Friday 9 December 2016

Quinn children are on the hook for under €400m of Anglo loans

Published 28/09/2011 | 05:00

SEAN Quinn's five children are personally on the hook for less than €400m of the €2.8bn their companies owe to Anglo Irish Bank, the Irish Independent has learnt.

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The extent of the Quinn children's personal guarantees is revealed in court documents where the Quinns also claim that Anglo bosses asked them to obtain "retrospective" legal advice to belatedly legitimise the guarantees.

The revelations come as Anglo and the family continue to battle it out in courts across Europe about the bank's right to take over the Quinn Group, which was founded by Sean Quinn and jointly owned by his children.

The extent of guarantees is significant in light of recent revelations that Anglo offered to let the children and Mr Quinn's wife Patricia walk away from their debts if they handed over all their assets and adhered to a range of other conditions.

The court documents show that while the Quinn children's companies owe Anglo €2.8bn, the children had each advanced personal guarantees worth just €77m.

The guarantees were given through five Cypriot companies, each of which is wholly owned by one of the Quinn children.

Mr Quinn's wife guaranteed another €102m through a sixth Cypriot company, meaning the six family members could have been personally held liable for under €500m of the Quinn Group's €2.8bn borrowings.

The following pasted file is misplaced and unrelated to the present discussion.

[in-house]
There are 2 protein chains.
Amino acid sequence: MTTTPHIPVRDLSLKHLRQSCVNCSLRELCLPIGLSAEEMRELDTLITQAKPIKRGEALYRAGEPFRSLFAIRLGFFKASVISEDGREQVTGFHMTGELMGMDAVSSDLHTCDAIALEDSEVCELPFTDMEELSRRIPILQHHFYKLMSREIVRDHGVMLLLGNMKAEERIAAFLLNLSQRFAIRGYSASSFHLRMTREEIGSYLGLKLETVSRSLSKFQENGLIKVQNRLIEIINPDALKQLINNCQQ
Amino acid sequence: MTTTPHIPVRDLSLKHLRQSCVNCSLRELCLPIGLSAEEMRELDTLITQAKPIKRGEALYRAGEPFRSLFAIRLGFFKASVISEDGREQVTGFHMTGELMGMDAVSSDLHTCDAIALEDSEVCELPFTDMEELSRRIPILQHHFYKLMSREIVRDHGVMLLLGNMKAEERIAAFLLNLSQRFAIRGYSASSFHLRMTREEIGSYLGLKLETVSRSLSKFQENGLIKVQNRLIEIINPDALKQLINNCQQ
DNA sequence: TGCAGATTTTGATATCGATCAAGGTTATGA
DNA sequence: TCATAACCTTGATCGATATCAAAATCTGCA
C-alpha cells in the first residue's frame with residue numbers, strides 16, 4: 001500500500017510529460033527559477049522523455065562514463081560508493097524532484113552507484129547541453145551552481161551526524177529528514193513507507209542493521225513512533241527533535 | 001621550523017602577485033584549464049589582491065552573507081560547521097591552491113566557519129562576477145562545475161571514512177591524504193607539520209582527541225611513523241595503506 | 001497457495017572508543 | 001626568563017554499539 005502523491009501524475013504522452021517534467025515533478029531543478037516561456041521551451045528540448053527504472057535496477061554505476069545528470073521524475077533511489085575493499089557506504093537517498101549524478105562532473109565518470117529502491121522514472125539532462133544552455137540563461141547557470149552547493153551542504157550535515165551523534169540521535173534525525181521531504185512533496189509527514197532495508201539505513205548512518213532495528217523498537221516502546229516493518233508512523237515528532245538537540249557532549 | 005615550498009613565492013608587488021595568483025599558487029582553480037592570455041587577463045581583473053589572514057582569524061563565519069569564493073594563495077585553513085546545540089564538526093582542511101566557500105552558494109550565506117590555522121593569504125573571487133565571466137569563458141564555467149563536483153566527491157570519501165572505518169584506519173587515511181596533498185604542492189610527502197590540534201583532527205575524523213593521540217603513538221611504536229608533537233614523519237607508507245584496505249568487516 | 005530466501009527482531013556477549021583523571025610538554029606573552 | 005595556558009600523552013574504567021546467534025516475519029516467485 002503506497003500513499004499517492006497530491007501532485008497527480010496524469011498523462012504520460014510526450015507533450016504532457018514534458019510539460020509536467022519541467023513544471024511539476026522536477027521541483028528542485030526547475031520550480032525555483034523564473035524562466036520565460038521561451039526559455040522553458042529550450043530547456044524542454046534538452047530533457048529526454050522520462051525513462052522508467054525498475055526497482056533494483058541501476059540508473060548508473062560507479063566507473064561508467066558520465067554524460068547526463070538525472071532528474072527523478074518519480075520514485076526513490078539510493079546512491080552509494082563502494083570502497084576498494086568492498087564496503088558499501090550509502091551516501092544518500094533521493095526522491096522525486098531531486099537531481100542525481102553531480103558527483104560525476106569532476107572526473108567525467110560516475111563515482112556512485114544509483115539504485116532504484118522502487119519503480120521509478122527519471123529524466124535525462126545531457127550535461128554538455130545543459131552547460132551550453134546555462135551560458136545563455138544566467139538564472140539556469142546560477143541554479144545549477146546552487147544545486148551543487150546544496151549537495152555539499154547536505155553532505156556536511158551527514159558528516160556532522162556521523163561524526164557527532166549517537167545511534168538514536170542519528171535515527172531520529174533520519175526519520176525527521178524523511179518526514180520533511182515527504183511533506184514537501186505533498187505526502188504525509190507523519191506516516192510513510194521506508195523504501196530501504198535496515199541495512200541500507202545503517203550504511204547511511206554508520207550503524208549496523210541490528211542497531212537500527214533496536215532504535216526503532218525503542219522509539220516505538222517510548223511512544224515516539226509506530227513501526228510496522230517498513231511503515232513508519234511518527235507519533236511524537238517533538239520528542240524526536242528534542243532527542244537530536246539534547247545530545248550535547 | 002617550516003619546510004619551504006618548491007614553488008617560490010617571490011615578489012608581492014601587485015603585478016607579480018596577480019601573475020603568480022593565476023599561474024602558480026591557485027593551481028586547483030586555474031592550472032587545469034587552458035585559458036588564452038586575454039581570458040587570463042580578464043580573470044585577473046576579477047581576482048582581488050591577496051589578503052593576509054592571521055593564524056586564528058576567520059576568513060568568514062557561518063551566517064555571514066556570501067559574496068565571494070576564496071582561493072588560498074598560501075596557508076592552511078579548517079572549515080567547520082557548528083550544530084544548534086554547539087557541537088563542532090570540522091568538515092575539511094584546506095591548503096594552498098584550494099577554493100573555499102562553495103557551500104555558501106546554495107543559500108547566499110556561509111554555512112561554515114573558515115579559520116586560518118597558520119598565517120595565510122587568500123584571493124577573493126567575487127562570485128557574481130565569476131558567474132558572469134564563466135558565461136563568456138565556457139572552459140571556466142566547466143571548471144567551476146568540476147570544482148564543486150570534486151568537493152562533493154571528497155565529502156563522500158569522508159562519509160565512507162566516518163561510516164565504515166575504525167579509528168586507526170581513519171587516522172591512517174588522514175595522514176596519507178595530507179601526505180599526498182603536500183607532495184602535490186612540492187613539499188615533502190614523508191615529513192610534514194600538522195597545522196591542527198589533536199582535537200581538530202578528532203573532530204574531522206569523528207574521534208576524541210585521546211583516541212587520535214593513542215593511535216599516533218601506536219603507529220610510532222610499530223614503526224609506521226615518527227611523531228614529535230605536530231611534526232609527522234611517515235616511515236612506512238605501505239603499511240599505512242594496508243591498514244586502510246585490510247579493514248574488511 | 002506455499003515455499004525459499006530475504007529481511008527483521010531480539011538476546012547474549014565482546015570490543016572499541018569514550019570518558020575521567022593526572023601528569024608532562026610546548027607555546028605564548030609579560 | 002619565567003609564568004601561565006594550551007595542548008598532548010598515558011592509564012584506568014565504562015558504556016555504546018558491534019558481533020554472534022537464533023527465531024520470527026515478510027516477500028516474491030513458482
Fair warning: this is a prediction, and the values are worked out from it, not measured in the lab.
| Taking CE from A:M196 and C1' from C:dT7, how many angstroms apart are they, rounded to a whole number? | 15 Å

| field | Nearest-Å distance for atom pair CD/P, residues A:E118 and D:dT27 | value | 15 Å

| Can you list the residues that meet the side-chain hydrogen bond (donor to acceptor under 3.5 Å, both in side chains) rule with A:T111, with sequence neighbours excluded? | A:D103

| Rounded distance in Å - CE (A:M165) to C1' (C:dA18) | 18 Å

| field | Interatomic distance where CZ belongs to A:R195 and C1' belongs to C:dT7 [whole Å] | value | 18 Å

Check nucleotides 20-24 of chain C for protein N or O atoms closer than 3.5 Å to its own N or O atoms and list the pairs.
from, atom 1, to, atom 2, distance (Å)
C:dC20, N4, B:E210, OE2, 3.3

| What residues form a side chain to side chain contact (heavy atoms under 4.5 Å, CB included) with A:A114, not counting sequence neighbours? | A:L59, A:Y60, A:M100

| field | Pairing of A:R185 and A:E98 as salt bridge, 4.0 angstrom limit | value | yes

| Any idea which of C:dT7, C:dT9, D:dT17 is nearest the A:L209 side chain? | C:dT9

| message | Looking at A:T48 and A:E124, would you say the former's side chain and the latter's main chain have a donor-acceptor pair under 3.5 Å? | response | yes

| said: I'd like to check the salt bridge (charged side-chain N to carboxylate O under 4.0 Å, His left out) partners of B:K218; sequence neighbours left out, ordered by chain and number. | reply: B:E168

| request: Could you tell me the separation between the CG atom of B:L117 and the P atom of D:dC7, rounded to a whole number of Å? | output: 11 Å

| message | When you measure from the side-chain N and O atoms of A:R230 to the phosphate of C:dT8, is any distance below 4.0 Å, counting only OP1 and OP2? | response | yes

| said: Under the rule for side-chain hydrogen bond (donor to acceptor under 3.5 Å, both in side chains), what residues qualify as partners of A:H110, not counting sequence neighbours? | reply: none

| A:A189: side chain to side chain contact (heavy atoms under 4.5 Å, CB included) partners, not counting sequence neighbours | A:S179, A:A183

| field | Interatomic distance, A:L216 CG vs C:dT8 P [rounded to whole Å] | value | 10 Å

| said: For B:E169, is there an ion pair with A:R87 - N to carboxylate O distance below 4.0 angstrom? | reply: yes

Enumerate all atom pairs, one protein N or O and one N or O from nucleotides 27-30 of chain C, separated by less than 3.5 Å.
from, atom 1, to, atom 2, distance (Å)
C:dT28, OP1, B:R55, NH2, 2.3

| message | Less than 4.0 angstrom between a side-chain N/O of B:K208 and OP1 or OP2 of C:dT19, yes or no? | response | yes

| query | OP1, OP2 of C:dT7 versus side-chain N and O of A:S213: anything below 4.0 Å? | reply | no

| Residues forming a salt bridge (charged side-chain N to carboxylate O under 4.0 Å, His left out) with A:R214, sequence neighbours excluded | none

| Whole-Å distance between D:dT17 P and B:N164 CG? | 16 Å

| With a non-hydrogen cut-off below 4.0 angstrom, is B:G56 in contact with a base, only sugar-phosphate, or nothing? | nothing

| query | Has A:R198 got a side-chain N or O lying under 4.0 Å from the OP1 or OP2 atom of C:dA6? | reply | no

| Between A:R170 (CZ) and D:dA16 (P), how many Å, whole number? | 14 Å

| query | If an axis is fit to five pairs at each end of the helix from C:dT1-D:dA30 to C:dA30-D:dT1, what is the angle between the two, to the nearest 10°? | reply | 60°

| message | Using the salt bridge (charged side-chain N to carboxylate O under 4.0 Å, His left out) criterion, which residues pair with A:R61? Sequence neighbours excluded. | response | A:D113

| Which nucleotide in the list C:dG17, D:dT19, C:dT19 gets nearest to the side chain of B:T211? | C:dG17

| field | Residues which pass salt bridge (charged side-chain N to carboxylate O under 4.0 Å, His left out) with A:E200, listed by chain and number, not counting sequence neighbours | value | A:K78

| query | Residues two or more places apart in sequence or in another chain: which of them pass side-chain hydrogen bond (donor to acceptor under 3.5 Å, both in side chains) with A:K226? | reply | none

It is understood that Mr Quinn personally guaranteed most of the remainder of the loans -- the proposed settlement offered by the bank to the Quinns included no provision for releasing Mr Quinn from that obligation.

The Quinn family is now contesting the legitimacy of the guarantees and the "share pledges" that turned their shares in the Quinn Group into security for billions of loans used by Mr Quinn to invest in the bank's own shares.



Complex nature

In court filings, the Quinns say they got no independent advice on the share pledges and guarantees and had "no appreciation of the practical meaning or effect of the complex nature of the documentation".

The Quinns also claim that Anglo tried to belatedly legitimise the guarantees by asking the family to obtain "retrospective" legal advice on the guarantees in late 2009.

The family's solicitor wrote to Anglo's legal firm William Fry in January 2010 stating that it would be "inappropriate" for him "to provide independent legal advice relating to transactions that have long since taken place".

Anglo declined to comment yesterday, but the bank is expected to argue that the 2009 request related to copies of contemporaneous independent legal advice the bank believed the Quinns had got when the guarantees were granted.

A spokesman for the Quinns said the family couldn't comment "on foot of legal advice".

The Quinns are also claiming that the share pledges and personal guarantees are "invalid" because they stem from loans that were granted for the illegal purpose of propping up Anglo's own share price.

A court case on the issue is expected to kick off in Dublin early next year.

Separate court cases are going on in Ireland and Cyprus about the Quinn's €500m international property portfolio, which is part of the wider Quinn Group.

The bank claims the Quinns have been removing value from the portfolio in a bid to "denude" Anglo's claim on the assets. A Dublin court has temporarily restrained the Quinns from "interfering with" the portfolio until the case is heard.

The family has also obtained an interim injunction from the courts in Cyprus banning Anglo from interfering with the same assets -- the bank plans to fight this injunction at a court case in Nicosia on Friday.

Irish Independent

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